In a further embodiment, a zero-offset trace is generated at any zero-offset trace location (401). In this embodiment, the following expressions for the impulse response will generate all of the zero-offset traces associated with a single source-receiver experiment. A zero-offset trace produced by an impulse response is chosen at the zero-offset trace location (401). FIG. 6 illustrates a three-dimensional example picture of one aspect of the impulse response of one example embodiment. This illustrated impulse response is governed by 3 equations: x ( θ ) = x ( θ ) - f tan ( α ) tan ( θ ) cos ( α ) - sin ( α ) tan ( θ ) y ( θ , φ ) = φ | φ | Δ d ( θ ) tan ( γ ) , and d ( θ , φ ) = d ( θ ) + Δ d ( θ ) cos ( γ ) .

Where:

d′(θ) is the normal distance between the ellipsoid (501) and the source-receiver line (207). ƒ is the source receiver offset (104). d is the distance between the zero-offset trace location (401) and the normal point (601). x′(0) is the distance from the origin (107) of the primed system to the intersection of the source receiver line (207) and the line (604) between the zero-offset trace location (401) and the normal point (601). As stated above, θ, α, and γ are angles related to the geometry of the problem and are understood by those of ordinary skill in the art without further explanation.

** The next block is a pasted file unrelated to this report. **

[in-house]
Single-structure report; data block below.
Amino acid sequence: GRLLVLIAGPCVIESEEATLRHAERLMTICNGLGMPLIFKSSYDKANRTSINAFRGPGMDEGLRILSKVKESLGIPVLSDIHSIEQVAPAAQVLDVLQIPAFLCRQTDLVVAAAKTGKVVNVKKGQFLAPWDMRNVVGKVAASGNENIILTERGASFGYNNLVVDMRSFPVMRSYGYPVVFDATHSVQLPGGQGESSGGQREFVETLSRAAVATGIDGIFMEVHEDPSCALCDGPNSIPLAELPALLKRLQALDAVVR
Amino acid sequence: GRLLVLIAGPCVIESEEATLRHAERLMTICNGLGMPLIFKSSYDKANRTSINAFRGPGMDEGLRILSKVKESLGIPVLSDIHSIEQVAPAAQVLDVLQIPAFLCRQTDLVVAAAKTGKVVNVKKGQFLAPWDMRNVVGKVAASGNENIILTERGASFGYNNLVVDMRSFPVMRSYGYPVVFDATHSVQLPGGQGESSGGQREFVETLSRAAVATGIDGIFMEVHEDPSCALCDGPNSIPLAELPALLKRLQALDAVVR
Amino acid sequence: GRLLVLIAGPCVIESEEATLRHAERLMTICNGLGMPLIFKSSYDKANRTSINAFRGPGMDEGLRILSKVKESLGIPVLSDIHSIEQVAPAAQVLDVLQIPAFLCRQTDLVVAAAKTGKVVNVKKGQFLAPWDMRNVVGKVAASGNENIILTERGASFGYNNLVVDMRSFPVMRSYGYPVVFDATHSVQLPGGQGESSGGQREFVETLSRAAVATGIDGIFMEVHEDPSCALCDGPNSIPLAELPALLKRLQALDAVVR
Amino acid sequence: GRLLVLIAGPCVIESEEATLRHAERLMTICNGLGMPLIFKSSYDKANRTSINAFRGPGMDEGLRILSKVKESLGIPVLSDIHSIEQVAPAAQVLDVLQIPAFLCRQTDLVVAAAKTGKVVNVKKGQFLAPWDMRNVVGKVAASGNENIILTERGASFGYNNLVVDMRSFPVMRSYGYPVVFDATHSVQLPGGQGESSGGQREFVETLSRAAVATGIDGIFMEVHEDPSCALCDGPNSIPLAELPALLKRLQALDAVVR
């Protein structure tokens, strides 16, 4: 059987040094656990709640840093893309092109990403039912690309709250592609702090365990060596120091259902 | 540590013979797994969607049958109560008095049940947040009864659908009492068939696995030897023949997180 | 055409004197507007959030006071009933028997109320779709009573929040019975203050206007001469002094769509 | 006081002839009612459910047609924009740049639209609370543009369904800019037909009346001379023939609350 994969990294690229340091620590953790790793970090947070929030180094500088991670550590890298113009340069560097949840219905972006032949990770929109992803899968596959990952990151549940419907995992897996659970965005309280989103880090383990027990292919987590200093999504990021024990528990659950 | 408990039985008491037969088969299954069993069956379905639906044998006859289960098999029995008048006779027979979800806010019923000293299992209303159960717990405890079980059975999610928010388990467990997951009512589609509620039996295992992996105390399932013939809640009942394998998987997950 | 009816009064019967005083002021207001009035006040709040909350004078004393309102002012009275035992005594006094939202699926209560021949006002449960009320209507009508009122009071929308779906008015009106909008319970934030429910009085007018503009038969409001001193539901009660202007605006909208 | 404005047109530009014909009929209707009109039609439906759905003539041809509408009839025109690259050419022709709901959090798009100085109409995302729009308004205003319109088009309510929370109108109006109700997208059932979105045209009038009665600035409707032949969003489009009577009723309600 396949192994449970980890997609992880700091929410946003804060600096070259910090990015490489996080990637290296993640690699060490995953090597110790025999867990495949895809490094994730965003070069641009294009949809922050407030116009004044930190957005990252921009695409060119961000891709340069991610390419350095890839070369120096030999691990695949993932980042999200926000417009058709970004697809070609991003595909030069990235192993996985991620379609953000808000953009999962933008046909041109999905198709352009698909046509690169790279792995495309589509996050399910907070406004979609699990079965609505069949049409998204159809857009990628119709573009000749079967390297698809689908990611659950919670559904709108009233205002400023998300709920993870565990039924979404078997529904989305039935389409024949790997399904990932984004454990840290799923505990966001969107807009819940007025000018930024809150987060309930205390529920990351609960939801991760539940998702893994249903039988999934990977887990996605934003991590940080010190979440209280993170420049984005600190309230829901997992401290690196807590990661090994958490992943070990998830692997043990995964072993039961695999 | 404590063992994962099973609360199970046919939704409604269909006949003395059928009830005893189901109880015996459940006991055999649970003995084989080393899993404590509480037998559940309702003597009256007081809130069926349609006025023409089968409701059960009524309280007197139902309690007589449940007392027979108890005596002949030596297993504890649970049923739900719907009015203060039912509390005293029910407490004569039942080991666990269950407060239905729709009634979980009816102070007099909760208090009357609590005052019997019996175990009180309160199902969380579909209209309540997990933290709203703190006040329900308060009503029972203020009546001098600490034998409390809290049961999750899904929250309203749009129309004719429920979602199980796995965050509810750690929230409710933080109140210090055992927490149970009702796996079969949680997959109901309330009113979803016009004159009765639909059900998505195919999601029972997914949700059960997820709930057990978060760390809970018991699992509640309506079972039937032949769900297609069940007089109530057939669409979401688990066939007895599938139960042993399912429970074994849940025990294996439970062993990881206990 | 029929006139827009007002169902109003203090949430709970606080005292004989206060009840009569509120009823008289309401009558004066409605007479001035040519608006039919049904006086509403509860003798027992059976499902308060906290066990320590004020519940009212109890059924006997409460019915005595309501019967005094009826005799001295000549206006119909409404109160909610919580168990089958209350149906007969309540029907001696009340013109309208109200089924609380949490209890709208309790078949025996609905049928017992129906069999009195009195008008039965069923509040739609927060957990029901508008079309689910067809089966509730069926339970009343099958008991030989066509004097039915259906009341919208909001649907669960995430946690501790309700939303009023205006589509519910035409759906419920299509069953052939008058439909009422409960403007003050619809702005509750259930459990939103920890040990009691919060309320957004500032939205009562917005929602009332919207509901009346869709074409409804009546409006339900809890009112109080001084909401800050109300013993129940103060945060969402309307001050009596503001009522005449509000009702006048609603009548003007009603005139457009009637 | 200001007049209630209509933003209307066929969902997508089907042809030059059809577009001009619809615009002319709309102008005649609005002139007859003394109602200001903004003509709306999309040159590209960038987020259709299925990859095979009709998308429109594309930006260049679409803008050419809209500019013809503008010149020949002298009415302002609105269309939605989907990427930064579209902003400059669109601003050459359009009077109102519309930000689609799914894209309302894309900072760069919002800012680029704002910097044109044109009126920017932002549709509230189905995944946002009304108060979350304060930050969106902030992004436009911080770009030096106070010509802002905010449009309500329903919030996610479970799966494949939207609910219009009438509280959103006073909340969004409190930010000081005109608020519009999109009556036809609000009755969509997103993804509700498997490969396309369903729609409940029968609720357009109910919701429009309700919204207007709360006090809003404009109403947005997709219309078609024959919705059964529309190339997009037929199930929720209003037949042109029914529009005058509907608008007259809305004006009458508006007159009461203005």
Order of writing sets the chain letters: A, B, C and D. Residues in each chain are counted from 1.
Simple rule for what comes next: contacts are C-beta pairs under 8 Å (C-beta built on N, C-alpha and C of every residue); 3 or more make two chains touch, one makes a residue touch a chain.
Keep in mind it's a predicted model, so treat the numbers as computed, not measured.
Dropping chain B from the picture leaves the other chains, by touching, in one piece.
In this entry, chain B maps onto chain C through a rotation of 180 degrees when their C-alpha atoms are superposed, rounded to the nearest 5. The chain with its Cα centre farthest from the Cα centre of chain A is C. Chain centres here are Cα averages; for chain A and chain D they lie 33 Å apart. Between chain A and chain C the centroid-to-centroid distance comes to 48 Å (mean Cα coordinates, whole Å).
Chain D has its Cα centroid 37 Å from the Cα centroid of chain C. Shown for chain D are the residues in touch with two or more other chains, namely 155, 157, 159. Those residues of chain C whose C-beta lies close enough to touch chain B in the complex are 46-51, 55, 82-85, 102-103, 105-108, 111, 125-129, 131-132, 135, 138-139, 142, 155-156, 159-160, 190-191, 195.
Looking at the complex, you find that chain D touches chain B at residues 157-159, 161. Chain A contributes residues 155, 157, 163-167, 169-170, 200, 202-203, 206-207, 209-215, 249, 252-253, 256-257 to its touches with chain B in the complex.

In alternate embodiments, the impulse response uses approximations for any of the angles represented. As is well known to those of ordinary skill in the art, for example, as an angle (e.g. α) gets small, sin a essentially equals both tan α and α. Thus, geometrical approximations are used with some embodiments of the present invention without departing from the invention.

In still further alternate embodiments, the impulse response may also be expressed in Cartesian coordinates. This formulation of the MZO-xyz problem is based on explicit relationships between end-point coordinates of normal incident rays extending from the reflecting surface (501) to the processing plane (205). In this illustrated embodiment the surface (501) comprises an ellipsoid (501). Referring to the primed coordinate system in FIG. 1 and FIG. 2, the (x,y) plane, otherwise referred to as the processing plane (205), has a slope m=tan(α). Thus, with respect to the primed system, a zero-offset trace location (401) on the processing plane (205) satisfies the following relationship: z=m(x−ƒ). Again, referring to the primed system a vector from a zero-offset trace location (401) on the processing plane (205), with Cartesian coordinates (x,y,z), to a point on the ellipsoid (501), with coordinates (x′,y′z′), can be expressed as follows:

{right arrow over (V+L )}=(x′−x)+(y′−y)ĵ+(z′−z){circumflex over (k)}

By requiring this vector to be normal to the surface of the ellipsoid (501), the following relationships can be established: x = f ( fz - mb 2 ) x a 2 z - mb 2 x y = a 2 b 2 ( x x - f 2 a 2 ) y .